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A Moment in History

Self-portrait, Henry Vandyke Carter, MD (Public Domain)
Self-portrait, Henry Vandyke Carter, MD (Public Domain)

Henry Vandyke Carter, MD
(1831 – 1897)

English physician, surgeon, medical artist, and a pioneer in leprosy and mycetoma studies.  HV Carter was born in Yorkshire in 1831. He was the son of Henry Barlow Carter, a well-known artist and it is possible that he honed his natural talents with his father. His mother picked his middle name after a famous painter, Anthony Van Dyck. This is probably why his name is sometimes shown as Henry Van Dyke Carter, although the most common presentation of his middle name is Vandyke.

Having problems to finance his medical studies, HV Carter trained as an apothecary and later as an anatomical demonstrator at St. George’s Hospital in London, where he met Henry Gray (1872-1861), who was at the time the anatomical lecturer. Having seen the quality of HV Carter’s drawings, Henry Gray teamed with him to produce one of the most popular and longer-lived anatomy books in history: “Gray’s Anatomy”, which was first published in late 1857.  The book itself, about which many papers have been written, was immediately accepted and praised because of the clarity of the text as well as the incredible drawings of Henry Vandyke Carter.

While working on the book’s drawings, HV Carter continued his studies and received his MD in 1856.

In spite of initially being offered a co-authorship of the book, Dr. Carter was relegated to the position of illustrator by Henry Gray and never saw the royalties that the book could have generated for him. For all his work and dedication, Dr. Carter only received a one-time payment of 150 pounds. Dr.  Carter never worked again with Gray, who died of smallpox only a few years later.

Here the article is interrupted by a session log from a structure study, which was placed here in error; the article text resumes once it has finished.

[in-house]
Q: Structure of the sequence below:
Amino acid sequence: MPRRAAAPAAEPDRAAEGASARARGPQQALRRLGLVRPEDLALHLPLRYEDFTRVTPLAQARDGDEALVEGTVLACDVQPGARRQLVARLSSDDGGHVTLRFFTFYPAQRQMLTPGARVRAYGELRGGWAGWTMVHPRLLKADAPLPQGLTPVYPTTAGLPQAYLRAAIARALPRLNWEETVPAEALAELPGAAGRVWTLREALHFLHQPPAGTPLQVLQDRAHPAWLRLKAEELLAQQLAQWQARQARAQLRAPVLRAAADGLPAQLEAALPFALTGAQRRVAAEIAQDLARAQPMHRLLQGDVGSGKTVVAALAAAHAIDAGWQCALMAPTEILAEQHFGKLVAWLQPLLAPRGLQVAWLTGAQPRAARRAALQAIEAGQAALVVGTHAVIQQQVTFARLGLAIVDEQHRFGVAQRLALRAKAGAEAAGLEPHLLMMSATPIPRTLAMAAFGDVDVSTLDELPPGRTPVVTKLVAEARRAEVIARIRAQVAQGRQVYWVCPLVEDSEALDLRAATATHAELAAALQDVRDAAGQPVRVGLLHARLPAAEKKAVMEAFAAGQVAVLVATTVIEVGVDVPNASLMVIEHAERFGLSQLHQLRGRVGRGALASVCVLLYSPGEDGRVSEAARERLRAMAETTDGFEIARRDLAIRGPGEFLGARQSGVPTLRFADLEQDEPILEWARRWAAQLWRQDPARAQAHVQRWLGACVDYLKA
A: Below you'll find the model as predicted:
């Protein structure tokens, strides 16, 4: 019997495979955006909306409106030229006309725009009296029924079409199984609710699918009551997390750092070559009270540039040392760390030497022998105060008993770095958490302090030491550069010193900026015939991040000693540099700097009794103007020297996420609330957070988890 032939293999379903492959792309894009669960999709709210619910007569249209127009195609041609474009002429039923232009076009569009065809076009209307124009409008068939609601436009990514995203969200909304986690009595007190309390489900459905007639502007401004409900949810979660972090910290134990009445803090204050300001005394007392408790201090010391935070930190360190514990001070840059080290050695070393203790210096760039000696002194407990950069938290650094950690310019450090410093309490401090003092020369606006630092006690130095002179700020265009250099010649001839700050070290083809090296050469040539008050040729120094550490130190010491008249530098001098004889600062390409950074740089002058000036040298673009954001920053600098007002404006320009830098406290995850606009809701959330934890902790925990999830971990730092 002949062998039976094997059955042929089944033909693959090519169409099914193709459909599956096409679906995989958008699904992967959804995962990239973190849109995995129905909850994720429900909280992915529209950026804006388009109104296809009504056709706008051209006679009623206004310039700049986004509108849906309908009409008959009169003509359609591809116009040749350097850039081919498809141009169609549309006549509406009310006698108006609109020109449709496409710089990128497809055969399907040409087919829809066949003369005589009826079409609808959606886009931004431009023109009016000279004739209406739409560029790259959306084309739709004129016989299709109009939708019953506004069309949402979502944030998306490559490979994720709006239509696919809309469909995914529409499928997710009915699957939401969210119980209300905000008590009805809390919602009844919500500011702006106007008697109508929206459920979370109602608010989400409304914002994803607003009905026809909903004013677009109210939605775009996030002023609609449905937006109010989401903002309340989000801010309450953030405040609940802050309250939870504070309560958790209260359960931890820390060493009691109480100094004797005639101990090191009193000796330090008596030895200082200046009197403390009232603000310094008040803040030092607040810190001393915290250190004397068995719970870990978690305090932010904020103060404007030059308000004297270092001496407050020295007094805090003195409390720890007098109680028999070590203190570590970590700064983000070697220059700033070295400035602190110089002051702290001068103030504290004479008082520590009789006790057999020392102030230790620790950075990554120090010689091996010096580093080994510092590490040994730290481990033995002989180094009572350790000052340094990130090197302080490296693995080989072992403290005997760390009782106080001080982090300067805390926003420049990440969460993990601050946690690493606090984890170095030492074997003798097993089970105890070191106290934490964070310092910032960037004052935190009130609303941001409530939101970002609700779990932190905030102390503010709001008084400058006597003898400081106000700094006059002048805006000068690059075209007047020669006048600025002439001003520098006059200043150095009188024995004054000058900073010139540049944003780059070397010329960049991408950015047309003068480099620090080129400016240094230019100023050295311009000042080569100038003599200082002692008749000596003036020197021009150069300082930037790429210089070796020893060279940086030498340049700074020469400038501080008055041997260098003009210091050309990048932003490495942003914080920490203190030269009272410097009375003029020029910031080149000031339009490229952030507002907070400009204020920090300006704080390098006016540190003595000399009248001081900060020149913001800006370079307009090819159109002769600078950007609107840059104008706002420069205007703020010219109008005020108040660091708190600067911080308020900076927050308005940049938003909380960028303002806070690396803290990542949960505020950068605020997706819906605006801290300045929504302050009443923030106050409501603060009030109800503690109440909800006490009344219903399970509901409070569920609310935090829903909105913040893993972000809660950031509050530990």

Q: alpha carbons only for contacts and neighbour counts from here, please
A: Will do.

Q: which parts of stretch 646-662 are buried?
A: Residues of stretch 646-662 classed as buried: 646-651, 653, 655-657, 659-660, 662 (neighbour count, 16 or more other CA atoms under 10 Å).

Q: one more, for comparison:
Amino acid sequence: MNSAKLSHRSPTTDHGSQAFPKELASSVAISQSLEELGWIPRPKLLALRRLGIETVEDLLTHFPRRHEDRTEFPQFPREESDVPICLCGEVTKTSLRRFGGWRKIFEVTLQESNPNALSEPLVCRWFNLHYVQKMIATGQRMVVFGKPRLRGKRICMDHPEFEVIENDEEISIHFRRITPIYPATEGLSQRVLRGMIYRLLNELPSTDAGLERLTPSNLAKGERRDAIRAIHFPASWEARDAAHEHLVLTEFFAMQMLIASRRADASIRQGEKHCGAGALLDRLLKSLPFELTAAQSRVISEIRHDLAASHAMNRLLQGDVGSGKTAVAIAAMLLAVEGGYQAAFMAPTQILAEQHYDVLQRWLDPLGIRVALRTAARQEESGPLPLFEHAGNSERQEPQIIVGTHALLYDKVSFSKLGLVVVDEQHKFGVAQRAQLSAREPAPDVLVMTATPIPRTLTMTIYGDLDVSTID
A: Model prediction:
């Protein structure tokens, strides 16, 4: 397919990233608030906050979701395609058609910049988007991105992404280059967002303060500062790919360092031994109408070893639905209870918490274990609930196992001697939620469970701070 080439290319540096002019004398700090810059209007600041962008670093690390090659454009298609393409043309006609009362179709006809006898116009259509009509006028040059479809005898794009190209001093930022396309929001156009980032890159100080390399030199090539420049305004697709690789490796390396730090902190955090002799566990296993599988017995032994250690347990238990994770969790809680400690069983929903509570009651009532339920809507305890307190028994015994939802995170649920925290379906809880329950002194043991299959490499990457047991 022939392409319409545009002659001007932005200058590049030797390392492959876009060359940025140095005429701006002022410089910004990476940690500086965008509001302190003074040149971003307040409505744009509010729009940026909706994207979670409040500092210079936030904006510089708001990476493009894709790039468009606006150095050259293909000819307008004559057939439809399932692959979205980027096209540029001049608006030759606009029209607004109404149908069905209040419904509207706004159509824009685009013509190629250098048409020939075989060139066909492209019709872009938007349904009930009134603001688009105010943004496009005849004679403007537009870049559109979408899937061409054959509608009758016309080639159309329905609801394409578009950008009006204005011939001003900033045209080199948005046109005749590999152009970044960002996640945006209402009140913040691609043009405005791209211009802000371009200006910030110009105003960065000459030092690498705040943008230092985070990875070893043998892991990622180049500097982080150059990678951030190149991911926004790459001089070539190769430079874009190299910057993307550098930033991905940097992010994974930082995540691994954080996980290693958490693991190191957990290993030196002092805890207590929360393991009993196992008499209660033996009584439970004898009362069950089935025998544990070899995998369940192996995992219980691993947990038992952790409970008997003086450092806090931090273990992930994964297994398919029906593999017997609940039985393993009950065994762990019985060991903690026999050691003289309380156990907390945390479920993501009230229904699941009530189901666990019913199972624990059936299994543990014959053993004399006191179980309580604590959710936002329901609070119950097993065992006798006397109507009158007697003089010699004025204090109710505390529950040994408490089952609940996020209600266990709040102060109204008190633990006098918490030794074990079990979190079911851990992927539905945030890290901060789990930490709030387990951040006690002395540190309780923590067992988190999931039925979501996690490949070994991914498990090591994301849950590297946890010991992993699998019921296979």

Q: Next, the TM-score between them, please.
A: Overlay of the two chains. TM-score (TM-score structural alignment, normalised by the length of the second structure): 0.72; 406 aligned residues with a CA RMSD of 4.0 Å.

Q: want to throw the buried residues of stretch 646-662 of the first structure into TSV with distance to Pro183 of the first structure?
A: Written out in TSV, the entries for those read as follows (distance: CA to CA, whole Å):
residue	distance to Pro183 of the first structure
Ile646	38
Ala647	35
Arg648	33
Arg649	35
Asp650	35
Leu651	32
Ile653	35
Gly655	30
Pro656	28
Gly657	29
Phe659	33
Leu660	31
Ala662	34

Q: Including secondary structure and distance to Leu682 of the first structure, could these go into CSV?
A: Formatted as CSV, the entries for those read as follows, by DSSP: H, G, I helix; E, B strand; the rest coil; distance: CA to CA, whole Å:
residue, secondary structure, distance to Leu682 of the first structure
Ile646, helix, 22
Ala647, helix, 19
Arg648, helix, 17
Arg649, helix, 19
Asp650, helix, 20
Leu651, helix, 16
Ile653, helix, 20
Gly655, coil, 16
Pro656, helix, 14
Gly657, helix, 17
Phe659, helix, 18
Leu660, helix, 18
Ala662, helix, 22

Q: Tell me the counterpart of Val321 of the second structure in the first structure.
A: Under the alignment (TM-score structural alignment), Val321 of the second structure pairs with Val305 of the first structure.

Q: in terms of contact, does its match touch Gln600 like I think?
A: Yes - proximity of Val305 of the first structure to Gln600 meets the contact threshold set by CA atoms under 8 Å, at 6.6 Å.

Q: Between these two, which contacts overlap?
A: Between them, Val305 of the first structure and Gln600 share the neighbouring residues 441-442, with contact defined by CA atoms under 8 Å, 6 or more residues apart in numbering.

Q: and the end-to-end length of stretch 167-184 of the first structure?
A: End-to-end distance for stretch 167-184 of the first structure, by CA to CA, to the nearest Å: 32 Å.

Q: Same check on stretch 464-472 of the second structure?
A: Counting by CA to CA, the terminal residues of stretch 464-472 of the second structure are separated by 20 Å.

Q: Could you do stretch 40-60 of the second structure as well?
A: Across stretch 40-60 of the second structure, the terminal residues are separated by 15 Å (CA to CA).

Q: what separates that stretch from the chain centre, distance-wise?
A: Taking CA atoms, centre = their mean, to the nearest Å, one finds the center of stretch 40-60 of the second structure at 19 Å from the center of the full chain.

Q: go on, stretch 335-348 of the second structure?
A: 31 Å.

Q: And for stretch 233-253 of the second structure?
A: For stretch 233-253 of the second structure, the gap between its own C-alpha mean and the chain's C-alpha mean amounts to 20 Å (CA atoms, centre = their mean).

Frustrated, Dr. Carter took the exams for the India Medical Service.  In 1858 he joined as an Assistant Surgeon and later became a professor of anatomy and physiology. Even later he served as a Civil Surgeon. During his tenure with the India Medical Service he attained the ranks of Surgeon, Surgeon-Major, Surgeon-Lieutenant-Colonel, and Brigade-Surgeon.

Dr. Carter dedicated the rest of his life to the study of leprosy, and other ailments typical of India at that time. He held several important offices, including that of Dean of the Medical School of the University of Bombay. In 1890, after his retirement, he was appointed Honorary Physician to the Queen.

Dr. Henry Vandyke Carter died of tuberculosis in 1897.

Personal note: Had history been different, this famous book would have been called “Gray and Carter’s Anatomy” and Dr. Carter never gone to India. His legacy is still seen in the images of the thousands of copies of “Gray’s Anatomy” throughout the world and the many reproductions of his work available on the Internet. We are proud to use some of his images in this blog. The image accompanying this article is a self-portrait of Dr. Carter. Click on the image for a larger depiction. Dr. Miranda

1. “Obituary: Henry Vandyke Carter” Br Med J (1897);1:1256-7